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 Quote by Gothy Problem 4 1. The problem statement, all variables and given/known data http://img85.imageshack.us/i/problem22.jpg/ R = [(675-486)/5.8] - .36 - .16 - 1.15= 30.9162069 Find the potential difference Vxy = Vx − Vy between points X and Y How much energy UE is dissipated by the 1.15 in 55 s ? 2. Relevant equations Vxy = Vx − Vy P=IV V=IR 3. The attempt at a solution Once again the negative sides facing each other completely throw me off and I have no Idea what to do.
Like I said for problem 1, you don't have to do anything differently when analyzing a circuit with two voltage sources. You seem to have a decent grasp of the material. Just get past that mental block and just do what you've been doing.
 I have tried drawing it and I only need to figure out how much Power is consumed by the B bulb. My design is an attachment below (each resistor A,B,C, and D are 2 Ohms) And I keep getting PB = 18 which is not correct Did I set up my circuit right? Attached Thumbnails

 Quote by vela Like I said for problem 1, you don't have to do anything differently when analyzing a circuit with two voltage sources. You seem to have a decent grasp of the material. Just get past that mental block and just do what you've been doing.
I found the Vx= 189 and I subtracted [5.8(1.15+.36)] because of voltage drops and I got 180.242.

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 Quote by Gothy I have tried drawing it and I only need to figure out how much Power is consumed by the B bulb. My design is an attachment below (each resistor A,B,C, and D are 2 Ohms) And I keep getting PB = 18 which is not correct Did I set up my circuit right?
Yes, you drew the circuit correctly. Show us how you calculated PB.

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 Quote by Gothy I found the Vx= 189
This doesn't make sense. It's 189 volts relative to what?

I assume you got the 189 V by subtracting 486 V from 675 V. That 189 V would be the voltage difference between the point to the left of the 675-V battery and the point to the right of the 486-V battery.
 and I subtracted [5.8(1.15+.36)] because of voltage drops and I got 180.242.
Try applying Kirchoff's voltage law going around the loop starting from point Y, jumping straight up to point X, and then going to the left through the 675-V battery and the two resistors.

 Quote by vela Yes, you drew the circuit correctly. Show us how you calculated PB.
I first calculated the equivelent resistance:
(1/(2+2) + 1/2)-1 = 4/3
4/3 + 2 = 10/3
Req= 10/3

With the total resistance I found the whole circuit's current:
V=IR
I=V/R
I= 15 * 3/10= 4.5

next, I found the allocated towards the parallel circuit so I subtracted the voltage dropped from A immediately.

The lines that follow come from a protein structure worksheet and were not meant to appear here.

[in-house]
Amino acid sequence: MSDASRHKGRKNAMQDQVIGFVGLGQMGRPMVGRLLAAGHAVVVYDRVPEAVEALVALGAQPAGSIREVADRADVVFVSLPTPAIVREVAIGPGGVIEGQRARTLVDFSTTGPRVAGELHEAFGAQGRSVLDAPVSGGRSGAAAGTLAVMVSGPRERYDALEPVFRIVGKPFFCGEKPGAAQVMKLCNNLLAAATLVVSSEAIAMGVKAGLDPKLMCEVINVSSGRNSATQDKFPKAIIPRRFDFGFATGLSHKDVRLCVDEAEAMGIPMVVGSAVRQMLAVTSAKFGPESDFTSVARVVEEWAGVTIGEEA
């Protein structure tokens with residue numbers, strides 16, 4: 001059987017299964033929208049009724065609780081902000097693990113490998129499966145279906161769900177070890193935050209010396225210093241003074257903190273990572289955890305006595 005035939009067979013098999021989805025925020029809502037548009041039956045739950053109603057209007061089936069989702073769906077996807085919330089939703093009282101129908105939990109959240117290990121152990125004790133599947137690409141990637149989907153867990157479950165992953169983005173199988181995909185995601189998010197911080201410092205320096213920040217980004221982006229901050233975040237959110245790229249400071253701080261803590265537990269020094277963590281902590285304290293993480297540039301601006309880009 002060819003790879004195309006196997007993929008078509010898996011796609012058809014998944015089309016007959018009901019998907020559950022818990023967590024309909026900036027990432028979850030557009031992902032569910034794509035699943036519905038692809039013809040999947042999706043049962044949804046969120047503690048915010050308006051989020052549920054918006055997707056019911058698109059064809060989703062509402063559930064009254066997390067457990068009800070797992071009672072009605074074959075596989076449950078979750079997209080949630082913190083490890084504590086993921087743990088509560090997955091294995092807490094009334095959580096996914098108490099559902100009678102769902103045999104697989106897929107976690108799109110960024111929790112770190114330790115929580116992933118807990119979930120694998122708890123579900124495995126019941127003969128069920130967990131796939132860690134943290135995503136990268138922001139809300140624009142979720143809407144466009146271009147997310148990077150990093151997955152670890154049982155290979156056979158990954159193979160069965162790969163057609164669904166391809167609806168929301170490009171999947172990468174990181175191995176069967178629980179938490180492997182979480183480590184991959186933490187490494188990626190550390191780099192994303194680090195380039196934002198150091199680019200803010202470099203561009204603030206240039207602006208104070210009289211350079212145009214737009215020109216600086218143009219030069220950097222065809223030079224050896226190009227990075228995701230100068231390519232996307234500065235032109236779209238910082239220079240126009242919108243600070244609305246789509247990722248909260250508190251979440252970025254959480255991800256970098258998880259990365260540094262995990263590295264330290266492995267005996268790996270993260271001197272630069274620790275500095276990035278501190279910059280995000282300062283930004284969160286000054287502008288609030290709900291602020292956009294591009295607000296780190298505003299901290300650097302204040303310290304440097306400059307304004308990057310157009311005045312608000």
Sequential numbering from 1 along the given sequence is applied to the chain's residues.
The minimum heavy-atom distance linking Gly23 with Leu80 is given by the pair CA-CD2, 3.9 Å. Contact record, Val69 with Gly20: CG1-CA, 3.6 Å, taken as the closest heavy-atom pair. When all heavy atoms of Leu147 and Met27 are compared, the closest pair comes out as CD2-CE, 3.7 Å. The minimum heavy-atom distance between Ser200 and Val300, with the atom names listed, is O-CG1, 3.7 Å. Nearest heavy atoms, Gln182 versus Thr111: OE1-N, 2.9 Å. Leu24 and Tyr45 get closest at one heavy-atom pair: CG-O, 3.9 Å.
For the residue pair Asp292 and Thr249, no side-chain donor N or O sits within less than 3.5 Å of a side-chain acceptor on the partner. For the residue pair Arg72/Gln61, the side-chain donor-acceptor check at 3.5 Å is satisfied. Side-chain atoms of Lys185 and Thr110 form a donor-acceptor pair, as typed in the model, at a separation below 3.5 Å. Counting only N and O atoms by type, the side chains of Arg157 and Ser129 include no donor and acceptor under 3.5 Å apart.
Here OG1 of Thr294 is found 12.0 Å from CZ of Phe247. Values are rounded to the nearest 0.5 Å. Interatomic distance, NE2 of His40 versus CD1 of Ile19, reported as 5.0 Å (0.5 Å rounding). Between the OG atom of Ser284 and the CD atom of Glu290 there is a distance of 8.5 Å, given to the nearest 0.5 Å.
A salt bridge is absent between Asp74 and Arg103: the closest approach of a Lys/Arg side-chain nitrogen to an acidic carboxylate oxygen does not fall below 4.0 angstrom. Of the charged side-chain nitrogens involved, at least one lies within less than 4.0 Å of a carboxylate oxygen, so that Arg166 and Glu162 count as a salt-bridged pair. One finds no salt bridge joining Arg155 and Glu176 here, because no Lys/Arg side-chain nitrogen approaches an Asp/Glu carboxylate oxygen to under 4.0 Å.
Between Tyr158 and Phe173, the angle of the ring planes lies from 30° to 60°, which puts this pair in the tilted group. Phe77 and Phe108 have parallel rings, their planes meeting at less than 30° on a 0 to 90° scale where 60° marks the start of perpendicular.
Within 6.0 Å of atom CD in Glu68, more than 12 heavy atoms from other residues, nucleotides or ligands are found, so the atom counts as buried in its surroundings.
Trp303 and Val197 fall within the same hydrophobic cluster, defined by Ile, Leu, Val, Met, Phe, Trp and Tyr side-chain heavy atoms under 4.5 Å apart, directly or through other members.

VA=IR
VA= 4.5*2 = 9

So, 6 volts allocated towards B,C, and D.
PB=IV
PB=V2/RB
PB= 36/2
PB=18

 Quote by vela This doesn't make sense. It's 189 volts relative to what? I assume you got the 189 V by subtracting 486 V from 675 V. That 189 V would be the voltage difference between the point to the left of the 675-V battery and the point to the right of the 486-V battery. Try applying Kirchoff's voltage law going around the loop starting from point Y, jumping straight up to point X, and then going to the left through the 675-V battery and the two resistors.
So what you're saying is to do 675 - 5.8*.36 - 5.8*1.15 = the potential difference? How is there a loop for the electricity to flow?
It is right but I do not understand how it works.

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 Quote by Gothy I first calculated the equivelent resistance: (1/(2+2) + 1/2)-1 = 4/3 4/3 + 2 = 10/3 Req= 10/3 With the total resistance I found the whole circuit's current: V=IR I=V/R I= 15 * 3/10= 4.5 next, I found the allocated towards the parallel circuit so I subtracted the voltage dropped from A immediately. VA=IR VA= 4.5*2 = 9
Perfect up to here.
 So, 6 volts allocated towards B,C, and D. PB=IV PB=V2/RB PB= 36/2 PB=18
6 volts is the drop the series combination of B and C, not across B and C individually. Your answer would be correct for the power dissipated by D since the entire 6-volt drop appears across that resistor, but with B and C, the voltage drops across the individual resistors add up to 6 volts.

 Quote by vela Perfect up to here. 6 volts is the drop the series combination of B and C, not across B and C individually. Your answer would be correct for the power dissipated by D since the entire 6-volt drop appears across that resistor, but with B and C, the voltage drops across the individual resistors add up to 6 volts.
This makes PERFECT sense! Thank you so much! I was thinking the same thing but I got confused and I forgot the square the V so instead of 4.5 I ended up with 9.